or are you just happy to see me?
Yep--yesterday was Sigmund Freud's birthday. What a perfect time to discover an essay in Stephen Marche's How Shakespeare Changed Everything detailing how Shakespeare influenced Freud. "From Shakespeare through Freud came the idea that a healthy sex life is an unrepressed sex life," writes Marche. "Was there a more powerful, a more vital, a more influential idea in the whole of the twentieth century?"
Marche goes on to explain that the "humanistic, unembarrassed approach to desire" was ahead of his time--and perhaps ahead of our time--in his open ideas about sexuality. The most successful part of the essay, I think, is Marche's discussion of the complications of gender identity in the bard's plays. Because of the theatrical tradition of boy actors playing female characters, "transvestitism is always in the background" of the plays. But Shakespeare plays around with that convention until we get dizzy. "How can you play Twelfth Night, with a woman dressed as a man (who is really a man dressed as a woman) and a woman falling in love with a woman who is dressed as a man (who is really a man), without taking into account the charged effects of its role-bending sexuality?"
Or as I wrote about in the post TransShakespeare a while back (when talking about As You Like It), "you have a male actor playing a female character (Rosalind), playing a male (Ganymede), playing a female (mock-Rosalind). And when Phoebe falls in love with Ganymede, it was actually a male actor showing love to a male actor, even though on stage it was a female character showing love to a female character."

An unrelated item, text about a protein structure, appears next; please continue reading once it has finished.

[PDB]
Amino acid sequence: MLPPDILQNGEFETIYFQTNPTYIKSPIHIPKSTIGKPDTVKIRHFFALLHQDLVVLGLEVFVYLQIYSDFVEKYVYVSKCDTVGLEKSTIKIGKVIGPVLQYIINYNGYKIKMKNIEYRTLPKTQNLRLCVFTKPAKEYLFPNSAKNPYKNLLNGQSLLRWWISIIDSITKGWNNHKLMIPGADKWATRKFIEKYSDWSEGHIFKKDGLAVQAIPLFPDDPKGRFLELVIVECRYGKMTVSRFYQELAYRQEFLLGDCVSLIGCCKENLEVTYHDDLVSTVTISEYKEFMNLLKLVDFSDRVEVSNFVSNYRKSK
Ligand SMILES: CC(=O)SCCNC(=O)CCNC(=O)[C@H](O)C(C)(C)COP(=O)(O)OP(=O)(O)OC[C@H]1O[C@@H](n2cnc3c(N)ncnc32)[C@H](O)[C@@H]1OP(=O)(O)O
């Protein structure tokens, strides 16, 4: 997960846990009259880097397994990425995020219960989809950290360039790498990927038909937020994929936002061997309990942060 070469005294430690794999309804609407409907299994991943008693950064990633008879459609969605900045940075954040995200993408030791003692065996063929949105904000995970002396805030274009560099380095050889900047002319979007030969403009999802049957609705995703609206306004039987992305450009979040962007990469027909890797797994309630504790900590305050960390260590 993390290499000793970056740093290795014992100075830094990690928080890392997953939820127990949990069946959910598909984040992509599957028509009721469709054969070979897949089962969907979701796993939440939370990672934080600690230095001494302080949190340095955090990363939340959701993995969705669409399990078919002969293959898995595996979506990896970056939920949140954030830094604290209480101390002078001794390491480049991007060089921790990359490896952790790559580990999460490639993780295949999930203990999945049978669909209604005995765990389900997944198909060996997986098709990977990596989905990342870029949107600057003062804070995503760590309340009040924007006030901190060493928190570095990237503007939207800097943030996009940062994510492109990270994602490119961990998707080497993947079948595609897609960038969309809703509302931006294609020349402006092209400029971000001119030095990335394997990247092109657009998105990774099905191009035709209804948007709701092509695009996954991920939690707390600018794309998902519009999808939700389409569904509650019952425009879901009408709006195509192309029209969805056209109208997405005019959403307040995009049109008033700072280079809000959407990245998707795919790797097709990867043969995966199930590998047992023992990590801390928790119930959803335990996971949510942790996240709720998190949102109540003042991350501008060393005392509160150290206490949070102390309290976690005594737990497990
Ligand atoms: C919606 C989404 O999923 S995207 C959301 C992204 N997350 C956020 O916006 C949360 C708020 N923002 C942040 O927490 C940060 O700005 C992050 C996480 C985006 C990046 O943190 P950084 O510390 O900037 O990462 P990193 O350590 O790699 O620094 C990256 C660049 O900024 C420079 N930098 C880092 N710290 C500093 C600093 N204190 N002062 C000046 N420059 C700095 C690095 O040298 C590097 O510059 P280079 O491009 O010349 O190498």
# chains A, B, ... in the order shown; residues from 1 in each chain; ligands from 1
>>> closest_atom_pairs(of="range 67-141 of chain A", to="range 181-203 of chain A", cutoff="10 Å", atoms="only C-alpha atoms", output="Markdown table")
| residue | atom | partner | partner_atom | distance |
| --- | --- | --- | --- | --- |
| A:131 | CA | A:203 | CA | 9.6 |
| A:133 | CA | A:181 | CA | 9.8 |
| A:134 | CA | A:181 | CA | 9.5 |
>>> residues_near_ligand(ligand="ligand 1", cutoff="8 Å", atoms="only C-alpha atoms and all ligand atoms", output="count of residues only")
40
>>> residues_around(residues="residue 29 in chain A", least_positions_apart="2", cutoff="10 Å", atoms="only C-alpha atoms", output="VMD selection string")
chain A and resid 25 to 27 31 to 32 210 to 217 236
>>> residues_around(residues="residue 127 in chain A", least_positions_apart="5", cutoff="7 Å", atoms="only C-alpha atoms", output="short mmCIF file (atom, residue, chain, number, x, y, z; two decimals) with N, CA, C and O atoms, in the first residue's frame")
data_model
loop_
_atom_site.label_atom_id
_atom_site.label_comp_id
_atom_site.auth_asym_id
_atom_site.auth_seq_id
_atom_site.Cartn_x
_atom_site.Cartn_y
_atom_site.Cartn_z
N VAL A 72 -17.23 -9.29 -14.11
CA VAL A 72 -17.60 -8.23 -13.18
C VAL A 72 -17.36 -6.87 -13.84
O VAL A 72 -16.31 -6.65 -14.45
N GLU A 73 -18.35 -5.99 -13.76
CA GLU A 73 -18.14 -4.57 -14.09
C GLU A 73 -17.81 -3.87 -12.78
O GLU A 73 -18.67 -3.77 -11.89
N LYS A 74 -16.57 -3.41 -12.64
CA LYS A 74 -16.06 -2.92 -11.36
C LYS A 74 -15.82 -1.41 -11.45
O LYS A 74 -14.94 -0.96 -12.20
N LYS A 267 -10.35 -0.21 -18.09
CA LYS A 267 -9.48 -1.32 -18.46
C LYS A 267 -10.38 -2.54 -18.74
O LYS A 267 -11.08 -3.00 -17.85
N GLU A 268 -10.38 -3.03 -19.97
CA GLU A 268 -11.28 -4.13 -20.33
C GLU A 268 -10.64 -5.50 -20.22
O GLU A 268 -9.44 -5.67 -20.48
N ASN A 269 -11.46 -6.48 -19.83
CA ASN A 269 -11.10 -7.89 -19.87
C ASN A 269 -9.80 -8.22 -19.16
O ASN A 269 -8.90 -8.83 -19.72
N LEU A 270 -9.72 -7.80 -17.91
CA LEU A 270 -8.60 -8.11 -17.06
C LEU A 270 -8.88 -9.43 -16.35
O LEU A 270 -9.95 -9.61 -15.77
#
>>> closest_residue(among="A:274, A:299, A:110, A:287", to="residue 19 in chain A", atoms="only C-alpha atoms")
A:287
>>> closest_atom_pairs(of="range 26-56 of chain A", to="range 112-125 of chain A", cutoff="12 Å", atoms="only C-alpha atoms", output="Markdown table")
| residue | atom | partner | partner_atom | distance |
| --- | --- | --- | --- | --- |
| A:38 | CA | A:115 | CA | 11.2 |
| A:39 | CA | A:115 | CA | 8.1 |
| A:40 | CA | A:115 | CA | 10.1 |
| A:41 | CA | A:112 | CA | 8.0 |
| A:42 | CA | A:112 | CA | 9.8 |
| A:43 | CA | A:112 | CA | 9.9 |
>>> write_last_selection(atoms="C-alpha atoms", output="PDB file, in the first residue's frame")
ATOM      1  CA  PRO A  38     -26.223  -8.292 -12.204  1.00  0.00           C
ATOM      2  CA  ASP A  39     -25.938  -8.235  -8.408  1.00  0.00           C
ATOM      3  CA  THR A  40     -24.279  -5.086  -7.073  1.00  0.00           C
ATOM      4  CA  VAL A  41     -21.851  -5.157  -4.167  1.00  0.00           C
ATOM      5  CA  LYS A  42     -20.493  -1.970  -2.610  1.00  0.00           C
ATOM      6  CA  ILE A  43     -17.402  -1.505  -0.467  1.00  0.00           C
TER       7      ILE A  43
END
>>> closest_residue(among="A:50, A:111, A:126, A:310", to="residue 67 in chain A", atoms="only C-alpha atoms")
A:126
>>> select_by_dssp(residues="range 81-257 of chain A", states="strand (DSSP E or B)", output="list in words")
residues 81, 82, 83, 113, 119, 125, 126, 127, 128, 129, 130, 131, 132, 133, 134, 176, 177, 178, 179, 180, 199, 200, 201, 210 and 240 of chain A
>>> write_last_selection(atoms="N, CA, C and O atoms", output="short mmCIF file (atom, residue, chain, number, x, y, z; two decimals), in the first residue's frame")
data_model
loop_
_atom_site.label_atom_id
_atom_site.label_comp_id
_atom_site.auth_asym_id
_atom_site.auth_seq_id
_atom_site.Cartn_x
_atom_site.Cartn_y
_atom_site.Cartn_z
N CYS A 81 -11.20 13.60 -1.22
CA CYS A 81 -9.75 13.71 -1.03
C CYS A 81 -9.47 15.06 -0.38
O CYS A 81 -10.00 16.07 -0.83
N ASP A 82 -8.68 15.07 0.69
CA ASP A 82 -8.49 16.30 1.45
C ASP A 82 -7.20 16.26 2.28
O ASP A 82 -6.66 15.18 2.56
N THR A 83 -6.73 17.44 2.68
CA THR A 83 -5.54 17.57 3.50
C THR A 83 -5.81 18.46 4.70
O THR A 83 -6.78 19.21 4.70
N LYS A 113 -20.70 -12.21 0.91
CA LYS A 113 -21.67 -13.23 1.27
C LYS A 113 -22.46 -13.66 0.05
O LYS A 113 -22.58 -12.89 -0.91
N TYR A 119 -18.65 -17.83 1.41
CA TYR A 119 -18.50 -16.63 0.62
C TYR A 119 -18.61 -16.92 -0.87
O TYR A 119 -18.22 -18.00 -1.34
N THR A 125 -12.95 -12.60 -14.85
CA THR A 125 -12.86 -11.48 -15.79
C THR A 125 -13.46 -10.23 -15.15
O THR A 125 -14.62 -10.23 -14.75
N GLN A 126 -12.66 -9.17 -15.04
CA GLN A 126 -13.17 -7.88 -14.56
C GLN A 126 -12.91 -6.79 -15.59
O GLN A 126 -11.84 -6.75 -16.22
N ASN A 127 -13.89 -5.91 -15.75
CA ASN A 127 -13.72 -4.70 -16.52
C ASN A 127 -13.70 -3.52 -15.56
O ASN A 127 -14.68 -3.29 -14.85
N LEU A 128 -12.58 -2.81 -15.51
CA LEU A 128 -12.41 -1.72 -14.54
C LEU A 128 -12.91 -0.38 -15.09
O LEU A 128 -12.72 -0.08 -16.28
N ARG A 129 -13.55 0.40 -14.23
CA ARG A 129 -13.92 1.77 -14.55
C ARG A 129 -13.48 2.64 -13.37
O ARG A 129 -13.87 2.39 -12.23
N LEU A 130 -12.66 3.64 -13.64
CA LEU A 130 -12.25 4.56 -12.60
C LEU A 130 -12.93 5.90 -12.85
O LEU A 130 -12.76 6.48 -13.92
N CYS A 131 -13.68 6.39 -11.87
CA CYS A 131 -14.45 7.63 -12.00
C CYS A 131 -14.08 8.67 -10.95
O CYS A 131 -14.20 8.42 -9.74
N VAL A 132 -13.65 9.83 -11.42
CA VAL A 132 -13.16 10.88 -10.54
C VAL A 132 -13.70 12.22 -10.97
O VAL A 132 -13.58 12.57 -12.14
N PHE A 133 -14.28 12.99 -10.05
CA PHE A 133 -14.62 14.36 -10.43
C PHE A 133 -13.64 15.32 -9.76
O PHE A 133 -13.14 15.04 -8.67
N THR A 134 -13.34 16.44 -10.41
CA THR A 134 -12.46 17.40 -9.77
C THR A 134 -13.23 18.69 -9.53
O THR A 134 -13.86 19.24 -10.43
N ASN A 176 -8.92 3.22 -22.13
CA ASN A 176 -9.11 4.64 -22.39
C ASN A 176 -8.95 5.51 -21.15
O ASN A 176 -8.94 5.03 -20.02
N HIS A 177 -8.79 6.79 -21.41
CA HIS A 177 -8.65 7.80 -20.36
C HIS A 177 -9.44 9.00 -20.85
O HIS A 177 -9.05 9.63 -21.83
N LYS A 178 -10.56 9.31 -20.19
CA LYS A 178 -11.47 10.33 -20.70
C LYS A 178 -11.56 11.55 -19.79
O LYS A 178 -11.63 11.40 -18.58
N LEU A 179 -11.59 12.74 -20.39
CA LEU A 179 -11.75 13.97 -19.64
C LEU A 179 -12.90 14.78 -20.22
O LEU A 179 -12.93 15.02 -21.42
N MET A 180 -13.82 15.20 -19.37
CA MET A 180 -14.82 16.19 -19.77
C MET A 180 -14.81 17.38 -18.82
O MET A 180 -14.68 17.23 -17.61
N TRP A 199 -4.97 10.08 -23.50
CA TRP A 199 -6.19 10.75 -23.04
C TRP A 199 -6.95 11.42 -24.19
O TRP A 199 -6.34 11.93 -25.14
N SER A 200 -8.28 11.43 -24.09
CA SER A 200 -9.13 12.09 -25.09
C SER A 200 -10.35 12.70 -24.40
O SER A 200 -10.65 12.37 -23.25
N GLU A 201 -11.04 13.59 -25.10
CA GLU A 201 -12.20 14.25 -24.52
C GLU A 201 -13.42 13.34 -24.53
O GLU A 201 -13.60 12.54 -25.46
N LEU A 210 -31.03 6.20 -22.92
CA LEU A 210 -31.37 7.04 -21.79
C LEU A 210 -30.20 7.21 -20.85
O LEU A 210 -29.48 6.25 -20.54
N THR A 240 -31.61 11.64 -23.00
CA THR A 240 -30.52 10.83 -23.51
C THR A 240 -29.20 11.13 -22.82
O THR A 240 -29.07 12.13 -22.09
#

Does this kind of twisting gender play lead to Freud, or just leave the staid psychoanalyst baffled?
What Marche is referring to most directly when he links Shakespeare and Freud is how the Oedipus story gets reworked in Hamlet. According to Marche, the original Greek telling of Oedipus has the desire to kill one's father and sleep with one's mother expressed openly. In Hamlet, Shakespeare has that desire "hidden, repressed." Our repressed desires "return to haunt us like the Ghost that haunts Elsinore." Hamlet, in short, "is the original neurotic."
My ideas about this book have not changed after reading these additional essays: The book isn't particularly scholarly and Marche absolutely overreaches in his arguments--and yet I have not had such good nerdy fun reading a book in a long time. See if your library has a copy!